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Six months later he gave a grimly humorous account of the latest cataclysmic events: “The flat here is threatened by Squatters. The mezzanine has the village drab living with the village idiot, whose Romeos climb my kitchen roof over barbed wire, climb over balconies, reproduce keys, leave the front door open to the new riff-raff coming up from Gloster as gatecrashers, and misuse my loo, fouling it up, and come in and out day and night, screaming and playing pop.”

In addition to these Job-like trials, Porteus suffered natural catastrophes and personal illness: “I’ve been in great difficulties. . . . My place here was flooded in my absence . . . and I was so crippled with arthritis that travel, for more than a few hundred yards, was virtually out of the question.”

The condition of his book on Lewis — with the inscription “For my most devoted and more learned pupil Dr Jeffrey Meyers, with blessings from Hugh Gordon Porteus” — suggests the state of his library. It had no dust wrapper and badly needs one, and seems to have been carried through combat. It is irrevocably foxed and spotted, stained and smeared, mildewed and mouldy — though still precious, for all that, at least to me.

Unduly impressed by my doctorate, Porteus was generous with his praise. “You approached me like a KGB interrogator,” he wrote. But “I found you cheerfully stimulating . . . I enjoyed your company here v. much indeed. You are so jolly — a rare trait in academics — together with your brisk efficiency and amazing range of accurate knowledge.”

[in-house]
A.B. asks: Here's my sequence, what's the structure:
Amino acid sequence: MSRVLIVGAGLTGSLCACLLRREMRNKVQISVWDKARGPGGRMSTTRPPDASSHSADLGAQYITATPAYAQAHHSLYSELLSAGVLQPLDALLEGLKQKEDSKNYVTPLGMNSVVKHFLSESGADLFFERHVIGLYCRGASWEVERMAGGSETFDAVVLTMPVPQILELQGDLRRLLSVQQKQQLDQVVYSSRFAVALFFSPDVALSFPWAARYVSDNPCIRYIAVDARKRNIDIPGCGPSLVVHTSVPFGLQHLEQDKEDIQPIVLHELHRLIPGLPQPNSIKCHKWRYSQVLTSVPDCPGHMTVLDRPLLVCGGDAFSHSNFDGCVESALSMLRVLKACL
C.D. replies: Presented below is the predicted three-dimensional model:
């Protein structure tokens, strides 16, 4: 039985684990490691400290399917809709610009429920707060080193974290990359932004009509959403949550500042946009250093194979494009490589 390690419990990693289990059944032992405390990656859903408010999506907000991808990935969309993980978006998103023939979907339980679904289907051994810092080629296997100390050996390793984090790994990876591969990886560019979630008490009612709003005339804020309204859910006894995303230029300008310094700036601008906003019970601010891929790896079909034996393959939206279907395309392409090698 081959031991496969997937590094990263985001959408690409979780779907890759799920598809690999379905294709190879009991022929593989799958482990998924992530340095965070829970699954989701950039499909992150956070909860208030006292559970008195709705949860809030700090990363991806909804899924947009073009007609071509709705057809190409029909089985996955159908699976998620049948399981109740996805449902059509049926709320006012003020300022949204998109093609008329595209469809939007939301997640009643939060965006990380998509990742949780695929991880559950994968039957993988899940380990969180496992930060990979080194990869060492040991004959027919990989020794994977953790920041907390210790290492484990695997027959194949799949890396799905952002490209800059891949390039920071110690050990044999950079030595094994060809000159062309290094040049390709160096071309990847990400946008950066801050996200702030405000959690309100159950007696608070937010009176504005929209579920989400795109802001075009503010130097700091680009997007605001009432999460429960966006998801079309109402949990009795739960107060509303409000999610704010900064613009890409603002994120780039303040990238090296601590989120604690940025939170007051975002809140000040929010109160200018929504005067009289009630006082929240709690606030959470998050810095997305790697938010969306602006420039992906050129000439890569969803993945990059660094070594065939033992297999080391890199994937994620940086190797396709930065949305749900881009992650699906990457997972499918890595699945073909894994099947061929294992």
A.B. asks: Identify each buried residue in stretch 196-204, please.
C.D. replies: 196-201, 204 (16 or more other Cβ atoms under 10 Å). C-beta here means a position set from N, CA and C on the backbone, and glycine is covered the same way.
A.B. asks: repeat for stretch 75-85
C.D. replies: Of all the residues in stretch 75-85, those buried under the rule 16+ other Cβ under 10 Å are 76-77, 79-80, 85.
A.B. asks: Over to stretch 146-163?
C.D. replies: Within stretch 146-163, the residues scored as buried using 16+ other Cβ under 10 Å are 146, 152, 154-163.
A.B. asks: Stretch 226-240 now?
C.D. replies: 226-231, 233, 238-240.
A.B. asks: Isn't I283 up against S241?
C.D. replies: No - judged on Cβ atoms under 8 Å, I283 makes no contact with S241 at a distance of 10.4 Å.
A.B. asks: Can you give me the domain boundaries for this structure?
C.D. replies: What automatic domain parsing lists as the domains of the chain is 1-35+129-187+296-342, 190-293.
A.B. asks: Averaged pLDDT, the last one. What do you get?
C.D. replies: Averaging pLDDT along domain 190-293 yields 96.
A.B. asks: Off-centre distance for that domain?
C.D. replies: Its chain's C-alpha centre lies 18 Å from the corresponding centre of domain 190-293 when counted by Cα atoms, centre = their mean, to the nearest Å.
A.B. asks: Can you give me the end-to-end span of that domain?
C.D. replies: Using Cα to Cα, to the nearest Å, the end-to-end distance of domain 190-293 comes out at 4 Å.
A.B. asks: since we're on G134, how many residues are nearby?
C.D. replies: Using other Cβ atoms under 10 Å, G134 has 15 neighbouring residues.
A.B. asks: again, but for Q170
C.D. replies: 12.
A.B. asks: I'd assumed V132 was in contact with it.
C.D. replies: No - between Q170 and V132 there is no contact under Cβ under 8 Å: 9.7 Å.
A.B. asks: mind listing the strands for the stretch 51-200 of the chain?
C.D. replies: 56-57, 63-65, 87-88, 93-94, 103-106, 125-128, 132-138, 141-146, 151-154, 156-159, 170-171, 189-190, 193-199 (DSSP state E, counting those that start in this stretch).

When I invited him to write a chapter for Wyndham Lewis: A Revaluation (1980), which I edited for Athlone Press to coincide with the publication of my Life of Lewis, he thanked me formally "for your kind offer of the honour of contributing to the W.L. collection.” As the deadline approached he reported, “I made a list of subjects I wished to broach with you, but it’s mislaid under heavy accumulation of unanswered correspondence,” which helps to explain why he never wrote the long-awaited essay.

Instead, he enclosed as compensation, a delightful irregular haiku, with a pun on the last two words:

The turtle doves their lovey-doves
their lovey-doves pursue
still on his pine one (turning turtle) flew
out on a limb but now from clouds above
hurtling down a gracenote drops for you
to a p r o l o n g e d
high COO.

As I was completing my biography he timidly pleaded, “Please do spare your punches when you mention me.” When the book appeared, he spared his own punches and concluded, “I must salute you for writing a very true life of WL, unlikely to be superseded; and for incidentally doing me proud.”

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